This is true on the big picture level and all the way down to individuals. It’s even harder for some people to grasp that the resolution to one group’s problems may not lead to the resolution for everyone’s.
When groups or individuals fail at intersectionality it can often lead to people who should be working together instead feeling resentful or hostile toward one another (see again: feminism and WOC). It gets particularly messed up when people who work against one aspect of prejudice engage in prejudicial or oppressive behavior themselves then get upset when folks call them on their problematic behavior.
A recent example: A few months ago during a coda to RaceFail (called MammothFail), a series of events led a POC that goes by the handle neo_prodigy3 to call for a day of creativity featuring fans and writers of color. He created a LiveJournal community called Fen of Color United, hilariously shortened to foc_u. A lot of people were excited and jumped on board and loved the idea (because it was a good one).
Then (white) blogger Nick Mamatas pointed out that neo_prodigy had been involved in a heated debate a few years ago with Nick’s then girlfriend and, in that debate, neo himself had called the girlfriend a bitch and used other gendered or otherwise prejudicial slurs against her and her friends. Then neo’s female best friend, alundra0014, came along to call her a cunt, and neo had no problem with that at all. He encouraged alundra’s going after her.5 Nick pointed out that this was the guy in charge of our new “safe space”, as neo had advertised foc_u.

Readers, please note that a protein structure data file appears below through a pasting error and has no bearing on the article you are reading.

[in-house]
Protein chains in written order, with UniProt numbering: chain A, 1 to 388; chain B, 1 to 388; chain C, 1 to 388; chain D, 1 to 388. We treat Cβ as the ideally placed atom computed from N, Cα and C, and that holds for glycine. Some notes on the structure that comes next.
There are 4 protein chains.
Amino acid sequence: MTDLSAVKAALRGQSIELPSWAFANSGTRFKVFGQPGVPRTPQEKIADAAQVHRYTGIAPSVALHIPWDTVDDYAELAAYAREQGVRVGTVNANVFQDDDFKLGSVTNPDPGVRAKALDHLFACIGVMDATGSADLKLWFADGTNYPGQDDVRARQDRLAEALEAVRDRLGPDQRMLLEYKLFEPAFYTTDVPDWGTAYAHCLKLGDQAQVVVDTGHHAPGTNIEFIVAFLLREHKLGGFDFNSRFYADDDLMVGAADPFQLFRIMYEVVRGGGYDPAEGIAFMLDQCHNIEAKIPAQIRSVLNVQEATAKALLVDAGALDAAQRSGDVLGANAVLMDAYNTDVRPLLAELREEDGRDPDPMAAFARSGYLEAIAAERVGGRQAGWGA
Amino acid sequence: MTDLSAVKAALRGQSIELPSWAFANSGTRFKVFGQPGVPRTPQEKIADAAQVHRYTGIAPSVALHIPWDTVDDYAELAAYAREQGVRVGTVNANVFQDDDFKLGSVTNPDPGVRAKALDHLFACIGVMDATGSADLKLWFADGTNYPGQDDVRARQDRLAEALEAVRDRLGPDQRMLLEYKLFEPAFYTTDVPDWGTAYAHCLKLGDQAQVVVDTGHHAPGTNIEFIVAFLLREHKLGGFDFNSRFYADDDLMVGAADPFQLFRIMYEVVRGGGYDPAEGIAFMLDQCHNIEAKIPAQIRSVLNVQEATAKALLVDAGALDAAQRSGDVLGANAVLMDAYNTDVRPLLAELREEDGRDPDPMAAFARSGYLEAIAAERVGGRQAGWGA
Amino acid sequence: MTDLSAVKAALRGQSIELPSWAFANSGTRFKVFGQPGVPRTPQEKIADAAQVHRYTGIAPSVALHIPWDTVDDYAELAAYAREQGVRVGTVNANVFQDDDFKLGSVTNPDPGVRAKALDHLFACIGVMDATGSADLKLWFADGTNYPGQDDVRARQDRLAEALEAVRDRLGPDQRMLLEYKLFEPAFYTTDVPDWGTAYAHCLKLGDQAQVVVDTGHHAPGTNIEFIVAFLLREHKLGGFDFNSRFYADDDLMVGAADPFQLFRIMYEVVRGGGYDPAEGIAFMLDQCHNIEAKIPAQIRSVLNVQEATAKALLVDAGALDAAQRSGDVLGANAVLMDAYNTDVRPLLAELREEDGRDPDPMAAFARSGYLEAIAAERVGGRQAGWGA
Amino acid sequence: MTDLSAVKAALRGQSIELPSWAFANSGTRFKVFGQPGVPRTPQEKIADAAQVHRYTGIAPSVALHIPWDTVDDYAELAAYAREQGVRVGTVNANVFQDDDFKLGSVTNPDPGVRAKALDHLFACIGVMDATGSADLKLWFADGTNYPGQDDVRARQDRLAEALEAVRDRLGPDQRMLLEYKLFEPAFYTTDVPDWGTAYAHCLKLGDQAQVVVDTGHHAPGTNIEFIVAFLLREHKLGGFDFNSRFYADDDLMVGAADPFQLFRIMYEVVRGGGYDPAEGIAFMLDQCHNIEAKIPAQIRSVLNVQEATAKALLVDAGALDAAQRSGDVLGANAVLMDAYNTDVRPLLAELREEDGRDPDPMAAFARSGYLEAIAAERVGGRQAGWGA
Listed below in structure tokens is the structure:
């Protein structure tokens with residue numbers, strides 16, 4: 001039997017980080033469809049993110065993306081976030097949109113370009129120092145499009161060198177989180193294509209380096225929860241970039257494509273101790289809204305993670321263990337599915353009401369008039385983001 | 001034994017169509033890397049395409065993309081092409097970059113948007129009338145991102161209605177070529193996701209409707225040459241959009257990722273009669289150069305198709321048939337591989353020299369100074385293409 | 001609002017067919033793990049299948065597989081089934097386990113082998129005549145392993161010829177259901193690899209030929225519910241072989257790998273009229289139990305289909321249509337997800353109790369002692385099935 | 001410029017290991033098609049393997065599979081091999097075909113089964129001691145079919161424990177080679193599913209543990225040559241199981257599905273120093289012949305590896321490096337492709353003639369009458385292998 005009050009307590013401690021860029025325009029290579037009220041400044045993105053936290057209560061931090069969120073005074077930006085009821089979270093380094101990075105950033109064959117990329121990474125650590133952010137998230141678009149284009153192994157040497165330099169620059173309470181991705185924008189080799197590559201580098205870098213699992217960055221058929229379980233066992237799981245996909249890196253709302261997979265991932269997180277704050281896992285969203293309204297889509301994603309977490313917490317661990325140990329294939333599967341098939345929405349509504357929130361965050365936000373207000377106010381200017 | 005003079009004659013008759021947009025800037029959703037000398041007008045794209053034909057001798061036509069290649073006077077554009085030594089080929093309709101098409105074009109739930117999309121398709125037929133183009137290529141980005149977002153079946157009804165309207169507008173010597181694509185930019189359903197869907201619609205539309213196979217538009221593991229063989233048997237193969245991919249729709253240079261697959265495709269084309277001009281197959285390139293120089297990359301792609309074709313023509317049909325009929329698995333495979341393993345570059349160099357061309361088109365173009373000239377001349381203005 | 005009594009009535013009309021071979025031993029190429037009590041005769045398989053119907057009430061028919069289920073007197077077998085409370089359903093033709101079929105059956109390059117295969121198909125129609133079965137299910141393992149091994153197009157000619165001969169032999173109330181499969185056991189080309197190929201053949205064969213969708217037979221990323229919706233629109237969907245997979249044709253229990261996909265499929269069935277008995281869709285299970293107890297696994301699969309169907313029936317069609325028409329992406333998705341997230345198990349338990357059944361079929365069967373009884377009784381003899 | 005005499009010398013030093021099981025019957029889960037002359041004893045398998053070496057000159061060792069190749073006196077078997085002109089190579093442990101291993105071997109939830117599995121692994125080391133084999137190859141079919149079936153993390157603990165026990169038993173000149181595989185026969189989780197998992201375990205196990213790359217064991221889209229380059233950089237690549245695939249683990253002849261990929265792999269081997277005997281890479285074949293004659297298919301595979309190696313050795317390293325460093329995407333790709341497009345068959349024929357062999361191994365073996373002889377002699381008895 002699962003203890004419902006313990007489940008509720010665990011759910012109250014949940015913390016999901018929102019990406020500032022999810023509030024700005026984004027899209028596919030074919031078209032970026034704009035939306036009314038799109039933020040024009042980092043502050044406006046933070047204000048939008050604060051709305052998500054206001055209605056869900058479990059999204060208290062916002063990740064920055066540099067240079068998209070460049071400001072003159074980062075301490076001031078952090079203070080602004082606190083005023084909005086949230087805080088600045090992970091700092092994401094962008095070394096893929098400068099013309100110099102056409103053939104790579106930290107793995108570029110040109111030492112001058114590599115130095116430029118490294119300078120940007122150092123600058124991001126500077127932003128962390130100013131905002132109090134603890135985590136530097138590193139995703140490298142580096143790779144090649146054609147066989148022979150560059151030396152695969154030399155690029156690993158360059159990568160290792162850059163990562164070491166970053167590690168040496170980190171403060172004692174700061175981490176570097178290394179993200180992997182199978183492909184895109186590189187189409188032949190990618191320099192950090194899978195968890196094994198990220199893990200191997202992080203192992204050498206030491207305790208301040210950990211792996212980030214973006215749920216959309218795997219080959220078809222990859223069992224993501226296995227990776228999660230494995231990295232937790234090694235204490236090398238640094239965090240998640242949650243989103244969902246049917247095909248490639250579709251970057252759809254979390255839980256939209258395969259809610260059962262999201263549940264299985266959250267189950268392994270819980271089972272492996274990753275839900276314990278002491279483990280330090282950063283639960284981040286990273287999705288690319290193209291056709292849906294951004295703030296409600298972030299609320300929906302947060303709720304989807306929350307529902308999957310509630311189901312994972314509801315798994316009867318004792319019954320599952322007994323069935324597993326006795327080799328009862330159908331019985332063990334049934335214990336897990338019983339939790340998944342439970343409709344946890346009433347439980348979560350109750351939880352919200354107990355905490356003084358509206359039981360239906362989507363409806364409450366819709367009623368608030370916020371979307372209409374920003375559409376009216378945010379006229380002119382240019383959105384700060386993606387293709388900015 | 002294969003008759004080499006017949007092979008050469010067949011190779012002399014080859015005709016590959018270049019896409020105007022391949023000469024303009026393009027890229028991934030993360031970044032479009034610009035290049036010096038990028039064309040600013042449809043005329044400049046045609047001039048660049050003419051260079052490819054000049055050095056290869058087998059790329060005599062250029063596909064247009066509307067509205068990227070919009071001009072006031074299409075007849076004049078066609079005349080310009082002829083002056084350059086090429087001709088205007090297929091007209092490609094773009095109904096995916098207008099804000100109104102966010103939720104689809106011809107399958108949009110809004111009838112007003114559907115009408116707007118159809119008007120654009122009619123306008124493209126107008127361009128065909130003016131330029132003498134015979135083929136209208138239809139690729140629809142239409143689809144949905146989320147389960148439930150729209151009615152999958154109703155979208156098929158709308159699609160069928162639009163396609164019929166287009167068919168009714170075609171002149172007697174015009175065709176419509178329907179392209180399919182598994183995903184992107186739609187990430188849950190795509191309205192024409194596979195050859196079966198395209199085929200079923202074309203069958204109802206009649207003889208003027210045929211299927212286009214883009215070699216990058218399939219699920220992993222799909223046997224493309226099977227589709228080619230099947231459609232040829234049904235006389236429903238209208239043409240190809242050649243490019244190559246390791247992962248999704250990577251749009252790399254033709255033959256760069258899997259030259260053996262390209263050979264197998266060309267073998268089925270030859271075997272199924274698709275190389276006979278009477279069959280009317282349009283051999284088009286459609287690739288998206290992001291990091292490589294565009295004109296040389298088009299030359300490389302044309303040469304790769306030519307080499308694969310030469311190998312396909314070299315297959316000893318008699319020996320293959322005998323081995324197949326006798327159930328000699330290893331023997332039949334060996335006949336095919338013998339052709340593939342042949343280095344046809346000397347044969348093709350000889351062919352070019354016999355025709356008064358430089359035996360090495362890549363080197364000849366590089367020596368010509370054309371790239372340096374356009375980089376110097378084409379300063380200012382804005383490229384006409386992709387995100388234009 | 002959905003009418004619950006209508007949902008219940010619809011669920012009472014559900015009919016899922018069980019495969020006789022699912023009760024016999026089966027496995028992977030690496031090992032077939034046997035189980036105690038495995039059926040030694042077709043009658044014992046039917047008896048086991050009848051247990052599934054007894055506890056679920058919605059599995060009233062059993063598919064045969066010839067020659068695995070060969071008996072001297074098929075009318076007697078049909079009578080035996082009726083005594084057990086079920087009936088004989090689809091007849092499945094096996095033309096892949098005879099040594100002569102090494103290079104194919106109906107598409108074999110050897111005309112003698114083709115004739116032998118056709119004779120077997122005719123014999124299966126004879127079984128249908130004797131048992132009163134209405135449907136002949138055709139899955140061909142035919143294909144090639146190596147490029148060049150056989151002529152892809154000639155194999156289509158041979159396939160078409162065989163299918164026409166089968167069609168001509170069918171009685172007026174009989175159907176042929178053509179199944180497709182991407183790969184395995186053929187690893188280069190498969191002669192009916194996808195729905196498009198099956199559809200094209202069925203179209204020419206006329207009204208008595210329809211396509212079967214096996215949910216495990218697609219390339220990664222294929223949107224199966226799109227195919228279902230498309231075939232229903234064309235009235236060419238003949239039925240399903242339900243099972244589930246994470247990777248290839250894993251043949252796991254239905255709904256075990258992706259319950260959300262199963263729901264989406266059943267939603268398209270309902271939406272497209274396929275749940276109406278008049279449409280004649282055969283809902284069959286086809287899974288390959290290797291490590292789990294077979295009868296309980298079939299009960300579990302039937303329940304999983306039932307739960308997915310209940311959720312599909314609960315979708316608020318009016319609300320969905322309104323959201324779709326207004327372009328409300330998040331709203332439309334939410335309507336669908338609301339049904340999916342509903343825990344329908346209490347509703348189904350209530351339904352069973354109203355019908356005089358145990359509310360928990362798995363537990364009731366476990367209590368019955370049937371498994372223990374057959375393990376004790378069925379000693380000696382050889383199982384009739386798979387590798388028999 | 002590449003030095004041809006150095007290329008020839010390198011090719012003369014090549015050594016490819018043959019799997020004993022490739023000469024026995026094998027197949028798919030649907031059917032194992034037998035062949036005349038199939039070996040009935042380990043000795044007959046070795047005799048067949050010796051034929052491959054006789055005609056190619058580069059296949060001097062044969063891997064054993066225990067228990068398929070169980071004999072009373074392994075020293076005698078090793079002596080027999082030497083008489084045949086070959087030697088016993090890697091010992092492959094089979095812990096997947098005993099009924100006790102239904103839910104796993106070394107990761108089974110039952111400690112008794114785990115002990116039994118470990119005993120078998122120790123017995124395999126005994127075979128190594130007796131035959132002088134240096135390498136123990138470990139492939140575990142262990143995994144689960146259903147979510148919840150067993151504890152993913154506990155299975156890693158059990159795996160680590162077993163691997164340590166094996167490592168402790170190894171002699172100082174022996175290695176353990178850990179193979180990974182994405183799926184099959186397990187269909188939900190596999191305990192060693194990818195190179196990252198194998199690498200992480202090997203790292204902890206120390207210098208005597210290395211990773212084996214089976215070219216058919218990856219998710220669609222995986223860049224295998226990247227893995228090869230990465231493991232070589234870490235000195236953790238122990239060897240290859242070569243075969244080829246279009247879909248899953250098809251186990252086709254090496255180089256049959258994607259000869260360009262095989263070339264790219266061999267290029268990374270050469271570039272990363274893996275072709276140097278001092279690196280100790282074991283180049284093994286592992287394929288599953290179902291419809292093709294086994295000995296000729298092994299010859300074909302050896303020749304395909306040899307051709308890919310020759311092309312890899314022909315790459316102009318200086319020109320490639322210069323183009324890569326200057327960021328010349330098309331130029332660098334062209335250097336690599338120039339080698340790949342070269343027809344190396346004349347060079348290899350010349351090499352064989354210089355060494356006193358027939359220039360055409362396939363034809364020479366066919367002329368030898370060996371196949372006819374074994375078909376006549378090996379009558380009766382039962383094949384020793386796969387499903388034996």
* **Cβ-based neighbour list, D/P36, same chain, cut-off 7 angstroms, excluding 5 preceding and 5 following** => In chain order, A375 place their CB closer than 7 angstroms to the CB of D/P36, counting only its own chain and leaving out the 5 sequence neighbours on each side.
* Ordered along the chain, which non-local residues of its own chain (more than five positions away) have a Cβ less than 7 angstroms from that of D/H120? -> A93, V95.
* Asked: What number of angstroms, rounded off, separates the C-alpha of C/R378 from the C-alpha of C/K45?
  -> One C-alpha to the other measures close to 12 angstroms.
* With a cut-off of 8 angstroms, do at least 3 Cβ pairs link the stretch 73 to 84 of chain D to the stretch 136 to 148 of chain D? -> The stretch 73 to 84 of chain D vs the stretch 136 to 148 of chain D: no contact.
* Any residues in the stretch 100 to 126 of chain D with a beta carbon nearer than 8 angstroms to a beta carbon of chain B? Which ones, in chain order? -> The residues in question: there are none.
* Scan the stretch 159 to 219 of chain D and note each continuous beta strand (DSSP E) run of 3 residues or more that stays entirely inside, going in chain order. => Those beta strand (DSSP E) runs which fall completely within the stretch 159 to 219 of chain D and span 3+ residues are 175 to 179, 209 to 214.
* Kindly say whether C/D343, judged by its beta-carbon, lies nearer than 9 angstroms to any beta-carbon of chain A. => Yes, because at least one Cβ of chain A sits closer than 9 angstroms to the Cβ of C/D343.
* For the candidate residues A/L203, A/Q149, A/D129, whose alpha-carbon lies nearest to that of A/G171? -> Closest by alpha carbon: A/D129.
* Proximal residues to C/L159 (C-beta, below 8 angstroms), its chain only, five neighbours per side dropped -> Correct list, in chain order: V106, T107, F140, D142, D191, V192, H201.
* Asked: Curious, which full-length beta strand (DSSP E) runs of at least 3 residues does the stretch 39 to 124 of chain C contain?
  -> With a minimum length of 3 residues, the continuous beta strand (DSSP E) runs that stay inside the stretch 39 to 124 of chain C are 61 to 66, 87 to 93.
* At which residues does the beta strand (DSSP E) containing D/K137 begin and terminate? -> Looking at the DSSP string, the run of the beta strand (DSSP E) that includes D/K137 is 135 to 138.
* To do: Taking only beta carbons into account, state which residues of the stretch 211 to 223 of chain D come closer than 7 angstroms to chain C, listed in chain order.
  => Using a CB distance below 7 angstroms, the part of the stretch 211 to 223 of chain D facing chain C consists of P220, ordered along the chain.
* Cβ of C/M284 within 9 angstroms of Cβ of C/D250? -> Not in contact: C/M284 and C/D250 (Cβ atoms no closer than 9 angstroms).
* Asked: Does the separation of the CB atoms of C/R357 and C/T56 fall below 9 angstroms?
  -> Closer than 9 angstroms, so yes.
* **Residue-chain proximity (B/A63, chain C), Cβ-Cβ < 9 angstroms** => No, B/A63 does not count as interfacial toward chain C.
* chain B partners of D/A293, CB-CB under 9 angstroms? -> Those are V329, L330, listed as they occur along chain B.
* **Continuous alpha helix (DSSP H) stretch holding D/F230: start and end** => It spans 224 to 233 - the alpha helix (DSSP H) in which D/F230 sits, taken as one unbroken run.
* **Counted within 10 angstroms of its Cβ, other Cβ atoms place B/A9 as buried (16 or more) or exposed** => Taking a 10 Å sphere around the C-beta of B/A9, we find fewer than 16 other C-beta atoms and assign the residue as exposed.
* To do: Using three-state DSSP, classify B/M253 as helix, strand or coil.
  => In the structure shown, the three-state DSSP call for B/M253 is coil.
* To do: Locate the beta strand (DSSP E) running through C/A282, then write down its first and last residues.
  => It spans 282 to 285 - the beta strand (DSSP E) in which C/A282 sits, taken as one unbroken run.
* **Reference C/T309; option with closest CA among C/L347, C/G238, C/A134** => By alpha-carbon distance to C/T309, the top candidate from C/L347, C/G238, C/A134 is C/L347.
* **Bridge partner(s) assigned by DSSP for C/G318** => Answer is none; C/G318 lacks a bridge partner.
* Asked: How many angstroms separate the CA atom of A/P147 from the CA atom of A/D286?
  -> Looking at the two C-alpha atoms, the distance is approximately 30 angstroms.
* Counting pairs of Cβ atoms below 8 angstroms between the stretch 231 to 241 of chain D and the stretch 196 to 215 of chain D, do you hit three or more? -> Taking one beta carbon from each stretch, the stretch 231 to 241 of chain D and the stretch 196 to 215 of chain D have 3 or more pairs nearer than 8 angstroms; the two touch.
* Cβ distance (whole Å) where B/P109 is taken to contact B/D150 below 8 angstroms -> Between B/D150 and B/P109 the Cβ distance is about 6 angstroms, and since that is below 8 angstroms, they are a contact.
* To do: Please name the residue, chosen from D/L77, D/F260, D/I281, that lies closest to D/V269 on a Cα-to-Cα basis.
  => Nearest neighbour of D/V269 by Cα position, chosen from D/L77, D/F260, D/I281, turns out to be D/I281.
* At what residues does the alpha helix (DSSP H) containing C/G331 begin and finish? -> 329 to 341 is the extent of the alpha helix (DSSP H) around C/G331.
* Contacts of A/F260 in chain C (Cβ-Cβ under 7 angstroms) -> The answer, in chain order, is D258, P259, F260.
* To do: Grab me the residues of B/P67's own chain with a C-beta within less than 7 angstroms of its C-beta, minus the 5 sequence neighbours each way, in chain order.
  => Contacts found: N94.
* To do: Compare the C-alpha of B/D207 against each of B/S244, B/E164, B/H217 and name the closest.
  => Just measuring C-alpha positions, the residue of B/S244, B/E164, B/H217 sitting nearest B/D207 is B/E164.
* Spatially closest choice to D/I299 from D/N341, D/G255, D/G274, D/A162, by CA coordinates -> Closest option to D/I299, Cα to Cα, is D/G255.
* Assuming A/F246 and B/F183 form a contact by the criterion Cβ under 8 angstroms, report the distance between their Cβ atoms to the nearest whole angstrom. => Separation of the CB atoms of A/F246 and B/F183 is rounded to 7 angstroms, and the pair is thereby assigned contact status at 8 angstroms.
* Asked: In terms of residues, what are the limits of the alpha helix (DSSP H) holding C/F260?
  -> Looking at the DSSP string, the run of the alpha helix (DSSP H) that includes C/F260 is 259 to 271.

Many people were Not Pleased. When commenters and members of foc_u attempted to bring this up on the group and get clarification or explanation or even some kind of “that was wrong of me”, the comments were, as I understand it, often deleted or ignored. I participated in the foc_u day of creativity and had joined the community, but after it became clear that neo was not going to address the issue in any real way (see: evasion, blaming everyone else, strawmen, you name it6 ), I left.
I got the impression that neo_prodigy felt he shouldn’t have been called out on his past actions or that they did not matter in the context of the work he was doing with foc_u. They do matter, though, because the membership of the community (both that specific one and the wider SF/fan one) is made up of women as well as men. And the language he used and condoned and encouraged is not beneficial to, is offensive to, and is actively worked against by most of those women.